Dividends aren’t handled the same worldwide, however. US companies feel compelled to maintain dividends regardless of performance in any given year. Thus, in some years they pay out more than they earn. In 2015, GE lost $0.61 per share, yet paid a dividend of $0.92 per share, and 2016 was only slightly better—per-share dividends of $0.93 from earnings of $0.89. That’s clearly not sustainable indefinitely.
Some have waited years for the shoe to drop. In June 2016, Mitch Goldberg, president of financial advisory ClientFirst Strategy, was looking at rising dividend payout ratios across the S&P: the median had reached 37% from just 20% a decade earlier, and payouts continued despite losses. “It’s not going to take that much for these companies to acknowledge that they can’t keep up with their dividends,” Goldberg told CNBC. Last year, GE was finally forced to cut its dividend—for the second time since the Great Depression—although at $0.84 per share against losses of $0.72, it’s still a net negative.
Europeans and Asians are more likely to hew to a dividend ratio, so payouts fluctuate with earnings. Japan’s Kirin Holdings, for example, has been paying semiannual dividends since 1907, aiming for a constant of around 30%. This year, the company also plans to repurchase some 50 million shares of its stock, even though it faces declining profits, a declining share price and a weak home market. Still, Kirin has cash to spare after selling its Brazilian business last year.
Across Asia, where cultural values support maintaining a robust cushion of cash, dividend payouts generally lag the West, and some governments are actively encouraging a change. China’s securities regulator, for one, has threatened penalties for companies that don’t pay cash dividends, and payouts are starting to grow.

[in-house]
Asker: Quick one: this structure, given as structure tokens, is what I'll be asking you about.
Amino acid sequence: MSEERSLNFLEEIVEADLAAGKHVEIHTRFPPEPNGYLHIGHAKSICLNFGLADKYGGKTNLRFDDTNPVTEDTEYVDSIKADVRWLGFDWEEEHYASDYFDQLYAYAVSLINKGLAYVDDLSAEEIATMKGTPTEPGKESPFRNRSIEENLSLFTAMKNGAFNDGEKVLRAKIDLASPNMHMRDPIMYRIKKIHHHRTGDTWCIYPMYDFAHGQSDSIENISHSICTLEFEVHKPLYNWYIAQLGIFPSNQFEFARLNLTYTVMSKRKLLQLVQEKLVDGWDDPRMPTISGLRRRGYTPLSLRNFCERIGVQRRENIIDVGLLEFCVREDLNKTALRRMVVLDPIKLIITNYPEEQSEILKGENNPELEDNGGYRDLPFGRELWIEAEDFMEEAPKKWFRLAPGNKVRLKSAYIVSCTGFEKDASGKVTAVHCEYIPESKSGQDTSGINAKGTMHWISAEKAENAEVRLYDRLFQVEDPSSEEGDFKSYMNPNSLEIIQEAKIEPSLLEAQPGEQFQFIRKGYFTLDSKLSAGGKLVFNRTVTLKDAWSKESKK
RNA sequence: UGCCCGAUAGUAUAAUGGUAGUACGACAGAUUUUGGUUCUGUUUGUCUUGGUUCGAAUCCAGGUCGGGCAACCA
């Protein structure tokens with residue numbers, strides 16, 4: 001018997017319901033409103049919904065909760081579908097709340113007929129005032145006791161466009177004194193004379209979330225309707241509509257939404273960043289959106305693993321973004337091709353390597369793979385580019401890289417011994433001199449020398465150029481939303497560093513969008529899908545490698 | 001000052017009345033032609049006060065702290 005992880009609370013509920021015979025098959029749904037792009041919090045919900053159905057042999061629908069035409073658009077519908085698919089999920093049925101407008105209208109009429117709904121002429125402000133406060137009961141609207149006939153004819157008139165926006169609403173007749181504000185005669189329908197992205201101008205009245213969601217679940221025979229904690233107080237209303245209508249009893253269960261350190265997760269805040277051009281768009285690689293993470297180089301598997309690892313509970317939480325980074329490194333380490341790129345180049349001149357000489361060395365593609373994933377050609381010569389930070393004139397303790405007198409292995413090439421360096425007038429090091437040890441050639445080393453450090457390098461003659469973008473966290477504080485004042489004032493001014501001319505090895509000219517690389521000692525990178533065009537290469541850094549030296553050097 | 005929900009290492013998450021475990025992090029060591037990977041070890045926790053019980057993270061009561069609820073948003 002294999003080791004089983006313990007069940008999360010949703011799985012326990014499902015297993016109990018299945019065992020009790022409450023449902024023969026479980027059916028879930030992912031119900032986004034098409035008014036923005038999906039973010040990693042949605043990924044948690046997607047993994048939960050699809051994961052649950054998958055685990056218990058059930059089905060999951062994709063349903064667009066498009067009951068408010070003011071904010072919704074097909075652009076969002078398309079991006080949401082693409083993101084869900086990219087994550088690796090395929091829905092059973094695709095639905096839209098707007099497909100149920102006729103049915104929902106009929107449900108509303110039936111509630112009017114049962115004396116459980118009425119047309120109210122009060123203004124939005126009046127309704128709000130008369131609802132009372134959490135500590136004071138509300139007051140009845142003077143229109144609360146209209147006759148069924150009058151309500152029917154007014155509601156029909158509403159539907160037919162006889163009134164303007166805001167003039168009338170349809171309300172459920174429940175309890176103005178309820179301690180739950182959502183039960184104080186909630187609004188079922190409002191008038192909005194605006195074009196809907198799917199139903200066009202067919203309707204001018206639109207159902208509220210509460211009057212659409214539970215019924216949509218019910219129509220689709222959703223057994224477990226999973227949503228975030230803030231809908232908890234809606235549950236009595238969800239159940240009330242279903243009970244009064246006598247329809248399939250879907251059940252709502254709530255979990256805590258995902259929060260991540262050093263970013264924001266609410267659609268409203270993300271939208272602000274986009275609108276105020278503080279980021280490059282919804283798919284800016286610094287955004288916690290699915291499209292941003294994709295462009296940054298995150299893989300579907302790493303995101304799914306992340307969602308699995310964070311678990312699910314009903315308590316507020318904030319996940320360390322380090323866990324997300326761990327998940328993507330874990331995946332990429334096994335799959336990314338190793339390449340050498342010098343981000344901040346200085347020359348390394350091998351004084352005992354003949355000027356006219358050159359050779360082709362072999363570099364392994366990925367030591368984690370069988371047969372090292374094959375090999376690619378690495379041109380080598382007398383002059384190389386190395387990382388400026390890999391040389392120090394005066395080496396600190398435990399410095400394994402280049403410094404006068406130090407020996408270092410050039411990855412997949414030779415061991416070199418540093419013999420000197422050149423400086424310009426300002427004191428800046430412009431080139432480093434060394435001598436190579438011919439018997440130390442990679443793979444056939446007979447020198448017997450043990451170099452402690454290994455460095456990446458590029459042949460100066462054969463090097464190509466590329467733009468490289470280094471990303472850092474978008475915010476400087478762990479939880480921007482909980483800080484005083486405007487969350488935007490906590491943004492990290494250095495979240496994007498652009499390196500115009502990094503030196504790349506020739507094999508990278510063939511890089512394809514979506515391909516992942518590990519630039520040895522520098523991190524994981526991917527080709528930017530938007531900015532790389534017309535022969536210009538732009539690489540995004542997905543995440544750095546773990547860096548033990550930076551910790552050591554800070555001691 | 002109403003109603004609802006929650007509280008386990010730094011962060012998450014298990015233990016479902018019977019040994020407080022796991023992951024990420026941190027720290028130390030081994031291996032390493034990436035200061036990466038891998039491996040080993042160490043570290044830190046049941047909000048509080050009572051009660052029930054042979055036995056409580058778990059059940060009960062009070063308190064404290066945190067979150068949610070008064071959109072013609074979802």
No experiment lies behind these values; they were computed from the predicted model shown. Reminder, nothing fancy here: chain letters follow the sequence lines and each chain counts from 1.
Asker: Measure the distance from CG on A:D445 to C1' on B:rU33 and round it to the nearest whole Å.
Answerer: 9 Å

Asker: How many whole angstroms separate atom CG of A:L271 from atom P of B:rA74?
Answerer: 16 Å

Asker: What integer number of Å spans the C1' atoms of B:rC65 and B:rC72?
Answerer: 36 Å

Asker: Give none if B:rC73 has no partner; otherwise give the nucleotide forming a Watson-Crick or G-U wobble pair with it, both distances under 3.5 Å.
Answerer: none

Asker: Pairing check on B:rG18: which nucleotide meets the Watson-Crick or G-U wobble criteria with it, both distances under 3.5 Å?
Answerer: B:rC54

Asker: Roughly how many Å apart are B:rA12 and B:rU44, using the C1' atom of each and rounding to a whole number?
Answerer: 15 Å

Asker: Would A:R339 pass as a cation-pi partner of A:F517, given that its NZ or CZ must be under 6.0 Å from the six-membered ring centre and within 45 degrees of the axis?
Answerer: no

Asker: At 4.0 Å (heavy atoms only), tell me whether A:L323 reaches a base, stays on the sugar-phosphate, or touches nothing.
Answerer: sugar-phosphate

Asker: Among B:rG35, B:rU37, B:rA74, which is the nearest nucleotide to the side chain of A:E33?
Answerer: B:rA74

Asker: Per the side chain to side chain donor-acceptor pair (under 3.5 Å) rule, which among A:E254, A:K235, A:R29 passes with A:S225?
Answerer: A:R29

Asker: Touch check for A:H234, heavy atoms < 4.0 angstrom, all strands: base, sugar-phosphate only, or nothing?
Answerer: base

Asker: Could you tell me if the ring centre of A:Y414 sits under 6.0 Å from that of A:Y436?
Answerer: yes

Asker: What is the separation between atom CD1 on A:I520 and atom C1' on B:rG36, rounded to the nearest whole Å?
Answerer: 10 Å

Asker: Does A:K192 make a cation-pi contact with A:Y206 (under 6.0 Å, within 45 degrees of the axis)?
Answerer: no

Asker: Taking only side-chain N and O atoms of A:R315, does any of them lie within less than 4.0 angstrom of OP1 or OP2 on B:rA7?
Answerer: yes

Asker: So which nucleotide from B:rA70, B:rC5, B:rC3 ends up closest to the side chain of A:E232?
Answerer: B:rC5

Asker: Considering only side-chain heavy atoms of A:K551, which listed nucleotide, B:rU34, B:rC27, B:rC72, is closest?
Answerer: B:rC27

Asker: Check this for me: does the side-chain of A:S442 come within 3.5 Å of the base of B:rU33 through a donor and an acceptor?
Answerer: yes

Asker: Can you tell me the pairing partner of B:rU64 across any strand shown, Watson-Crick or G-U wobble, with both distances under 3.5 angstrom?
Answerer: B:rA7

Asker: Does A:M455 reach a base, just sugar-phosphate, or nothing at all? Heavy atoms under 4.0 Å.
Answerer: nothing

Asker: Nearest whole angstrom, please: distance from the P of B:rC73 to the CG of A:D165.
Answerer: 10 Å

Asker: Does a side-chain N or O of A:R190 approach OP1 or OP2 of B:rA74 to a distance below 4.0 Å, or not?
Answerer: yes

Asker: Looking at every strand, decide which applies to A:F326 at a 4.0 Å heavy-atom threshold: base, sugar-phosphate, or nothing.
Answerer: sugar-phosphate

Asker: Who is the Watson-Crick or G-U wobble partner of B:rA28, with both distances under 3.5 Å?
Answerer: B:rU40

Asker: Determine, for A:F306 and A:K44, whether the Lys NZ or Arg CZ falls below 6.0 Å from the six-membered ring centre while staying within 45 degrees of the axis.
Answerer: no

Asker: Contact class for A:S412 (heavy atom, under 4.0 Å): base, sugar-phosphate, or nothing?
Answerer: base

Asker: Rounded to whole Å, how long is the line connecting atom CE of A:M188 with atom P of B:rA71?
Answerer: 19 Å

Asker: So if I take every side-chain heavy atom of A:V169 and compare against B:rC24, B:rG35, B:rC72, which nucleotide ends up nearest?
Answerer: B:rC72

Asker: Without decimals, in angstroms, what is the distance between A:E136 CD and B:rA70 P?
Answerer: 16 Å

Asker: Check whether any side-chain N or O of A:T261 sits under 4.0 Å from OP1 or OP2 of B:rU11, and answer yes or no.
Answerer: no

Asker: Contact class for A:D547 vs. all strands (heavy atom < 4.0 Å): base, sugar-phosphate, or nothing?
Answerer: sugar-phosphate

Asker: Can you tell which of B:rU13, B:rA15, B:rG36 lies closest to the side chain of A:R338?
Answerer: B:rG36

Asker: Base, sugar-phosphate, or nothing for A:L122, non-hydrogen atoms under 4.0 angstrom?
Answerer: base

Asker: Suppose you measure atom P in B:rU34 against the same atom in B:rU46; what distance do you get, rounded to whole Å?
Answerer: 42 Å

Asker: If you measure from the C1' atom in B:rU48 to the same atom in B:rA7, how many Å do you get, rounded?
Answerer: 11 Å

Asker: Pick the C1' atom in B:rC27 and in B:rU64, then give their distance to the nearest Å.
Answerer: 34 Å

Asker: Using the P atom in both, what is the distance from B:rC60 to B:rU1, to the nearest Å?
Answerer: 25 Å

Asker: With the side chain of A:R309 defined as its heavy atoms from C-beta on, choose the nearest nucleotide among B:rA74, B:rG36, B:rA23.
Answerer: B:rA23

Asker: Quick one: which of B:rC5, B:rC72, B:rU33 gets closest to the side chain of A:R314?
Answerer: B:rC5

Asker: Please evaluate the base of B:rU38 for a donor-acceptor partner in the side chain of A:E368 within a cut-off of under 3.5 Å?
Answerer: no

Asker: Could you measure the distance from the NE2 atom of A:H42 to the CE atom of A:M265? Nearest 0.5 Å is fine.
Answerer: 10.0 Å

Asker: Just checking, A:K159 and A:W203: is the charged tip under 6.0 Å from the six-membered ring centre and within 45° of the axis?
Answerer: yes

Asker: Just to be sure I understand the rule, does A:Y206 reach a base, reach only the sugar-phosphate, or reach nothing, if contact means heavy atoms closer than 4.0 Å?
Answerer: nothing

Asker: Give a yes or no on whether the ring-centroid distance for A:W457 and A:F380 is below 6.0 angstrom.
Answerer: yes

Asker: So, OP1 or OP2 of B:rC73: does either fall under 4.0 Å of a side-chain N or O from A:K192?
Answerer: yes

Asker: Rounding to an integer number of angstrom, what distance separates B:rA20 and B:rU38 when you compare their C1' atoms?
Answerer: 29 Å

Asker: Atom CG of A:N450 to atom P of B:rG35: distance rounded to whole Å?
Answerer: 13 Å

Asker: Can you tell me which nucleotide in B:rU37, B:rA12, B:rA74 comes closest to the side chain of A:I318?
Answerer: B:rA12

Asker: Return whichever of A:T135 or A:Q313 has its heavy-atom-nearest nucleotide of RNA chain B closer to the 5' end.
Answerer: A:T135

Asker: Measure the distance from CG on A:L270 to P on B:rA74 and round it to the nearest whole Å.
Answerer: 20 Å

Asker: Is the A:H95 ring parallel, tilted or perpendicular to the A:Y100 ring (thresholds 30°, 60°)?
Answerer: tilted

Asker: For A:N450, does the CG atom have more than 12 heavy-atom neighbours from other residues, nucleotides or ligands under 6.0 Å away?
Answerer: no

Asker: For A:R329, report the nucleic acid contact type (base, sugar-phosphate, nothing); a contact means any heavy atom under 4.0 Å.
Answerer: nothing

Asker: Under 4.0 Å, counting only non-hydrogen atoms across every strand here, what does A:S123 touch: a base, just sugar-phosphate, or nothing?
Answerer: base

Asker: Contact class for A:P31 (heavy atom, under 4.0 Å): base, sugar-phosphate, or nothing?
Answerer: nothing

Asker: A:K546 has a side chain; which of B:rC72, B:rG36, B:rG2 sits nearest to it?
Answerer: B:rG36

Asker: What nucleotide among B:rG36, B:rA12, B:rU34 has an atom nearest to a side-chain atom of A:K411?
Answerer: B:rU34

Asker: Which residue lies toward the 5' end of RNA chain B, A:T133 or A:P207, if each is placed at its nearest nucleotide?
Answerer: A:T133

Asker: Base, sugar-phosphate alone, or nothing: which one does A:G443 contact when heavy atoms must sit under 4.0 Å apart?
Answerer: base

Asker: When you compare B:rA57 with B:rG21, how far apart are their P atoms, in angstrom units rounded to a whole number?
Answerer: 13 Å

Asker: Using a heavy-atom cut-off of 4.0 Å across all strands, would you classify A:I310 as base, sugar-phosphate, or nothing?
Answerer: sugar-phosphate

Still, when you take dividends and repurchases together, “European companies distribute corporate cash to shareholders as much as US companies,” Sakinç concludes—at least, they did up until about 2010. At that point, combined figures for average share repurchases plus dividends start to diverge, with the 298 dividend-payers in the European S&P 350 holding relatively steady, while the figure for the 419 dividend-payers in the US S&P 500 more than doubled.
Criticism of buybacks, in particular, has risen sharply since the financial crisis. Economist Robert Shiller called buybacks “smoke and mirrors.” “Cash is being extracted from companies and placed on the sidelines,” US Sen. Tammy Baldwin of Wisconsin complained to the SEC in mid-April. “Buybacks are now undermining the stock market’s role in capital formation.” Baldwin has put forth a union-supported bill to restrict share repurchases, which will go nowhere in a GOP-controlled Congress. Maybe the invisible hand of the market will govern more firmly.